An auditing process that examines accounting practices continuously throughout the year. Continuous audits are usually technology-driven and designed to automate error checking and data verification in real time. A continuous audit driven system generates alarm triggers that. Provide advance notice about anomalies and errors detected by the system. It is helpful in deteriorating abnormal or non-compliant activity in manifold areas of a firm and ensuring that established procedures are being followed. For example, in the accounts payable department, the continuous audit system could stop an illicit amount from being sent to a vendor.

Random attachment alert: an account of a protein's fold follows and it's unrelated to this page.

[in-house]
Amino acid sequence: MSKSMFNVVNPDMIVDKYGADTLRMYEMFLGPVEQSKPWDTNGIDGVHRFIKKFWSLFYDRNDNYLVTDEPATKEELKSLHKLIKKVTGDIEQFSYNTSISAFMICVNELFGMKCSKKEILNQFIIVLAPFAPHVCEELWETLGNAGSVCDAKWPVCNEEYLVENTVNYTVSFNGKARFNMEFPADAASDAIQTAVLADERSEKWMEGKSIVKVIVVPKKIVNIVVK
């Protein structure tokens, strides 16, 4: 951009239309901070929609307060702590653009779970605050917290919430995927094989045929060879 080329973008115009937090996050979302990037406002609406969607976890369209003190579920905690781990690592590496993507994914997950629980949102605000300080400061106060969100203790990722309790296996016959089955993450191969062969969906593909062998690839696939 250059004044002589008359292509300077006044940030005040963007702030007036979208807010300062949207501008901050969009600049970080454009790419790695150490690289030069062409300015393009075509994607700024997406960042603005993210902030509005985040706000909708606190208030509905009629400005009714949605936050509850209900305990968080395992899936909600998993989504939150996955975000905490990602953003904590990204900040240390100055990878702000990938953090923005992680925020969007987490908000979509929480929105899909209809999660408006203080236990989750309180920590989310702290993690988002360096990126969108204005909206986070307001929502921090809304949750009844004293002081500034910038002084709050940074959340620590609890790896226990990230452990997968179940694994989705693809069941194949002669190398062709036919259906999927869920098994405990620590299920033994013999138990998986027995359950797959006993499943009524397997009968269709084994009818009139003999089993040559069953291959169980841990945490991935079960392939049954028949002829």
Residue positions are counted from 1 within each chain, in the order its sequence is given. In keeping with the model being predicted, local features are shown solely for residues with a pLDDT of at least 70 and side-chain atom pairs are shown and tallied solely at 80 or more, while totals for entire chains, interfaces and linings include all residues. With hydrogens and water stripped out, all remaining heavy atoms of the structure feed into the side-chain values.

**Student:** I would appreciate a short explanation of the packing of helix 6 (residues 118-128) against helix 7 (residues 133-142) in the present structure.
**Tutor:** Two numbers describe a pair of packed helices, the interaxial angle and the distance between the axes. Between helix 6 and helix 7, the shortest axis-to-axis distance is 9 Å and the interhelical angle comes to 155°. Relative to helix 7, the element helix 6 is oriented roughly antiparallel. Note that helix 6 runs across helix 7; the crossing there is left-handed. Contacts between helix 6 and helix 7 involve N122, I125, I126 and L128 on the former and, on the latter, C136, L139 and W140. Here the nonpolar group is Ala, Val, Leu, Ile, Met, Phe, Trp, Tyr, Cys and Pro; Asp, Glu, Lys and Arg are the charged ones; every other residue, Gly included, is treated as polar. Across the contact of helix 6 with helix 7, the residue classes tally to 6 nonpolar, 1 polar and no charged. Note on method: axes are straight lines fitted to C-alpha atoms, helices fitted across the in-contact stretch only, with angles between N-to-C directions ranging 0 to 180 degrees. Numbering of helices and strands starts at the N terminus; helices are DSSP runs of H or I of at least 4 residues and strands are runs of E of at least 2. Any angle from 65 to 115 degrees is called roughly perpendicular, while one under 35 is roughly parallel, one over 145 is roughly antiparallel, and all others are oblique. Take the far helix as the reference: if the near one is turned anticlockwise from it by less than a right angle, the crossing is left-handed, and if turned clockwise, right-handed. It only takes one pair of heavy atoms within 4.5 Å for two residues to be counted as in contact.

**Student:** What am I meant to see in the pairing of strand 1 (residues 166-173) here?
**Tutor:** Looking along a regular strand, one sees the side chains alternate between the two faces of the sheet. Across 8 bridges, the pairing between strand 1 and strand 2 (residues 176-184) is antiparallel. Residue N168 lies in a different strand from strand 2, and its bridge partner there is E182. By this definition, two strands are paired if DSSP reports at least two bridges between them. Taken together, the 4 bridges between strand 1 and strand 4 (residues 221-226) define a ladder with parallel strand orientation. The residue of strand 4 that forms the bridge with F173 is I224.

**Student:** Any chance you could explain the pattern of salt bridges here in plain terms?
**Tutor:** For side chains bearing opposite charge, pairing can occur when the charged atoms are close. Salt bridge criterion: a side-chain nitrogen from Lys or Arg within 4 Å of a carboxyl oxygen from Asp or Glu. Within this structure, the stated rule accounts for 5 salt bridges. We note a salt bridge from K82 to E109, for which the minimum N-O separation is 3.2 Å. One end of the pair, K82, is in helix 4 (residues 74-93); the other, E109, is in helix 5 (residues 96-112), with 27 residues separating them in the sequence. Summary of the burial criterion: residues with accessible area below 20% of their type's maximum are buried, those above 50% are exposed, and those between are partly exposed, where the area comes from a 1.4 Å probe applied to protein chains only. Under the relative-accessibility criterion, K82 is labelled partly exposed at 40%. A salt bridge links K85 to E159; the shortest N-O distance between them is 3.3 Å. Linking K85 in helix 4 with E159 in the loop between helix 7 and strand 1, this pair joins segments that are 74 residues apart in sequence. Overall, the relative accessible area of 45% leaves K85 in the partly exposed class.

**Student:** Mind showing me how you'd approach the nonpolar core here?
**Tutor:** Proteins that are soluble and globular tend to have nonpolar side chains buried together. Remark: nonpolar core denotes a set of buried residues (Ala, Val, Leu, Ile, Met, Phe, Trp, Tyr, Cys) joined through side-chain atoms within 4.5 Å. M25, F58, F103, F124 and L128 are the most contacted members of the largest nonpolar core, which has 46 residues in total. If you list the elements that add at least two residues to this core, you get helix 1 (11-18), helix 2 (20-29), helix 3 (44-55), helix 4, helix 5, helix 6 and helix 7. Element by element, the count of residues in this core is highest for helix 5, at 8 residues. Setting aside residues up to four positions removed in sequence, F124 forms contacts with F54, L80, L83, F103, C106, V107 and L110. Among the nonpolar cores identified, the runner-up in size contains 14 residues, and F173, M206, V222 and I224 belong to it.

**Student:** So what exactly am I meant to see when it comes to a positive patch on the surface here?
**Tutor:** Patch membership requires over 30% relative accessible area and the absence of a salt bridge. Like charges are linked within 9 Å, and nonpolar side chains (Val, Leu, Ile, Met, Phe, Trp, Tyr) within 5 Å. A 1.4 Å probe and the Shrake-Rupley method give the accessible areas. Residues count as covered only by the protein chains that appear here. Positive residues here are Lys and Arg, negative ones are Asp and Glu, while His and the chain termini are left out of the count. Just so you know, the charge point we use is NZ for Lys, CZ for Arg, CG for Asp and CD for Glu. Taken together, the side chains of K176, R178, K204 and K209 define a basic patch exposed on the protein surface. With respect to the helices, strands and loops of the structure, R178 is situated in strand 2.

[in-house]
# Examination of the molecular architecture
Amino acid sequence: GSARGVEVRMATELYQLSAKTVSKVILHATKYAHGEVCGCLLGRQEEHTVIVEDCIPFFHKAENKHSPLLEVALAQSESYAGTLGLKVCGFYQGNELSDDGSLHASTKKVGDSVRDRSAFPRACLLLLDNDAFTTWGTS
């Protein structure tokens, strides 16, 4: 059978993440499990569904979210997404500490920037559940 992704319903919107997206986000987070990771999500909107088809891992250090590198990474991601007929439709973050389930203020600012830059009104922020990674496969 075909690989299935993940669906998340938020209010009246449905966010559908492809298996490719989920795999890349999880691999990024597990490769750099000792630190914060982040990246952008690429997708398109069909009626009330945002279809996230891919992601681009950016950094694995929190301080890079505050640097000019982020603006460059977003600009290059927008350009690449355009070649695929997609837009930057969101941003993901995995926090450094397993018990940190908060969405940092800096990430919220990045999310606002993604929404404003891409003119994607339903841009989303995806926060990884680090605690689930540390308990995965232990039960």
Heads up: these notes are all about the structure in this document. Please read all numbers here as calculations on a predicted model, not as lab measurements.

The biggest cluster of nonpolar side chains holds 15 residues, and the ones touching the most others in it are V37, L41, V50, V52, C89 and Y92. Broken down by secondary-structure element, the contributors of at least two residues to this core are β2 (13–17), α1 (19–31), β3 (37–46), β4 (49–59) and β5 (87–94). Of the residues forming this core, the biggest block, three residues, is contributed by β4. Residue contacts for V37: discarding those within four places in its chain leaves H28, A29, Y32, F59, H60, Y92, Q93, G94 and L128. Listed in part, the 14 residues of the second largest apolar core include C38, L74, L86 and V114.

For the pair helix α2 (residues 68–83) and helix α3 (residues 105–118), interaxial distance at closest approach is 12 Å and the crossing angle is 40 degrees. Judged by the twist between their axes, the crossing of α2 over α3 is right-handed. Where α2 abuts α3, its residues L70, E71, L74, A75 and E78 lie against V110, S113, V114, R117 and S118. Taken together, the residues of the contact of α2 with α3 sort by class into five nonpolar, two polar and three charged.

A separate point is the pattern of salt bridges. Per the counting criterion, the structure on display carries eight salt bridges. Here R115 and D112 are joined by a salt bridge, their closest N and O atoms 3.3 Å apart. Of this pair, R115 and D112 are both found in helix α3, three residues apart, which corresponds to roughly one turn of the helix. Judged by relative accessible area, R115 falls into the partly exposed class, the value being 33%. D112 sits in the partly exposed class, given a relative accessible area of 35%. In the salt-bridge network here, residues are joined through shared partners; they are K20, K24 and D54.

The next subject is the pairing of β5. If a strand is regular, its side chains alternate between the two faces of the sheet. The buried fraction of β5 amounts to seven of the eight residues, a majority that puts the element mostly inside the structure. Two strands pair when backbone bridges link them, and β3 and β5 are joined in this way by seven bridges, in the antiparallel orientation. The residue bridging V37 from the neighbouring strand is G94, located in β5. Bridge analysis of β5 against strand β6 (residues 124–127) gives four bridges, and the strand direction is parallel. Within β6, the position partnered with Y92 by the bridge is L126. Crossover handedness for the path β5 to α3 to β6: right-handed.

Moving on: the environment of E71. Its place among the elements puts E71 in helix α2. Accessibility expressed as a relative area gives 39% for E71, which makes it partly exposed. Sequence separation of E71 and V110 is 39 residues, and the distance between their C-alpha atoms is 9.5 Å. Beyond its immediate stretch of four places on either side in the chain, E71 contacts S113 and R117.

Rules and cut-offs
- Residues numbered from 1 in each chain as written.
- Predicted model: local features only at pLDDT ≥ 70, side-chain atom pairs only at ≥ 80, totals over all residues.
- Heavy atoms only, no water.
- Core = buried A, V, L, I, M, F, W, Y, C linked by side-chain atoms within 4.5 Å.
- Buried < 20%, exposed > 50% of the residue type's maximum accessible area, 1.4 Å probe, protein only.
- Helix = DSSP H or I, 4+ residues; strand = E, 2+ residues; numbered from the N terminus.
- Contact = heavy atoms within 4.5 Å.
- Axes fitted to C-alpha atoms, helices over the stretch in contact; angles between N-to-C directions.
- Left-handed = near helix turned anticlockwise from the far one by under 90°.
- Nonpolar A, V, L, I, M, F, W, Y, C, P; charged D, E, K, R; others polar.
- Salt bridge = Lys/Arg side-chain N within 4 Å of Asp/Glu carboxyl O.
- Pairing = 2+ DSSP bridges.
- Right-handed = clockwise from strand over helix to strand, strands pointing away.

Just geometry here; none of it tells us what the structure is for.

Fig: Continuous Audit
It is an automatic method used to perform auditing activities, such as control and risk assessments, on a more frequent basis. Continuous auditing has the similar objective of usual auditing, which is to recognize weaknesses in processes and opportunities for development. Continuous auditing cannot, however, replace the judgment and discretion of an auditor who understands the circumstance of processes and can think about how metrics, processes, and assessments are related. But, there are three important techniques that can be used with continuous auditing to notably decrease the time it takes to recognize probable weaknesses in processes.